The stands have been packed and moved for good, and though the ground was clear of recent snowfall, there was no one except a man on a bicycle who circled the lot for nothing except to have something to do.
The vendors that called the flea market home for over 25 years were forced to leave their space – and for many, their livelihood behind – as Malaysian company Genting broke ground in October to start construction of the new racino gambling complex at Aqueduct, complete with over 4,000 Video Lottery Terminals (VLTs).
“They are really poor families and they have nowhere to go to buy clothing for $2 or $3, and it’s sad because these people don’t have anything,” said vendor Melissa Steadman. Her family has been selling used clothing at the flea market for over 10 years and is now unsure about what will happen next.
Resorts World New York, the company owned by Genting that's overseeing the construction, released a statement in November that the open flea market does not fit into the plans to build a world-class entertainment venue that tourists and locals alike could enjoy. The open-air market would be in harm's way, the company aruged, raising safety concerns as construction goes on. Vendors were told that this holiday season would be their last at Aqueduct.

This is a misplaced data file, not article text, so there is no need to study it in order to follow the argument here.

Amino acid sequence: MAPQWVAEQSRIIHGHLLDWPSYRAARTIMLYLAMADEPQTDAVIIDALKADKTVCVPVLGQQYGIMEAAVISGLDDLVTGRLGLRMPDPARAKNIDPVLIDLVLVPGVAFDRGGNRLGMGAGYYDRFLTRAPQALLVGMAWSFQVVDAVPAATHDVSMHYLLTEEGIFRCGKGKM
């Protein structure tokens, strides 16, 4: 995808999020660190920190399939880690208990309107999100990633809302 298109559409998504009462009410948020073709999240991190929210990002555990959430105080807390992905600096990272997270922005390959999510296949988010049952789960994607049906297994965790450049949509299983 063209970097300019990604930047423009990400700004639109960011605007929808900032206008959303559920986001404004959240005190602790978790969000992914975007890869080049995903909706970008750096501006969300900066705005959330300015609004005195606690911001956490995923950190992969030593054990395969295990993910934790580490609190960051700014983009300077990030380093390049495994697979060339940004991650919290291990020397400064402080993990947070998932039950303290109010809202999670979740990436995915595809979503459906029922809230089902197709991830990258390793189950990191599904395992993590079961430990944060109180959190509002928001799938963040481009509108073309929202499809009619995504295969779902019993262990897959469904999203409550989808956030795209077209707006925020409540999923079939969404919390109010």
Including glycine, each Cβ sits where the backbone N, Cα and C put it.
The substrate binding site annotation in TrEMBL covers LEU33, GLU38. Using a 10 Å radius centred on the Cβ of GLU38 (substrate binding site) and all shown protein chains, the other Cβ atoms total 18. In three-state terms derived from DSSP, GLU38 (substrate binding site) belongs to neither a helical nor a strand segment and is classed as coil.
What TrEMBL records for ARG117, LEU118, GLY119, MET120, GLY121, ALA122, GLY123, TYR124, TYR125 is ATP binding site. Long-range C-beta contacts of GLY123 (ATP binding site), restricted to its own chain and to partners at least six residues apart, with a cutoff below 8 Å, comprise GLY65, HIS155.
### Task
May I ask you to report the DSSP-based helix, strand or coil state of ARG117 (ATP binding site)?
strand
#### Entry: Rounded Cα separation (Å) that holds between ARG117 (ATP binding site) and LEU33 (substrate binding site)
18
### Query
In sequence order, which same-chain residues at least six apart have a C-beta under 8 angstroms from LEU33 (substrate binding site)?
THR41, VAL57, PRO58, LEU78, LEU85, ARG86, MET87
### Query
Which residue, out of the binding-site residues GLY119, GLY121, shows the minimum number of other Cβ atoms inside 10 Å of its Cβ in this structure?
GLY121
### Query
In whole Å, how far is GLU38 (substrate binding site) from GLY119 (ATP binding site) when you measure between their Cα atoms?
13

Now the 1,000-plus vendors wait to be relocated and local politicians are still working on finding a brand new space for them.
“While the State Lottery has final say about onsite retail at the site, we continue to be concerned about the vendors and their future,” said Borough President Helen Marshall in a statement.
Citi Field and Flushing-Meadows Park are spaces currently being looked at for the vendors, but there is no definitive word yet on whether either space will be made available for the purposes of a flea market.
“For the past 10 days, given the holiday and the new year, not much ground was covered,” State Senator Joseph Addabbo said regarding finding a new space for vendors. “We need to look at what is an appropriate area not only for the amount of vendors, but also for the amount of customers.”
Addabbo said he wants the vendors to remain in Queens, but one challenge has been that there is not a single spokesperson for the vendors to see what the consensus is among them, along with the fact that the borough “is not blessed with a lot of vacant land.”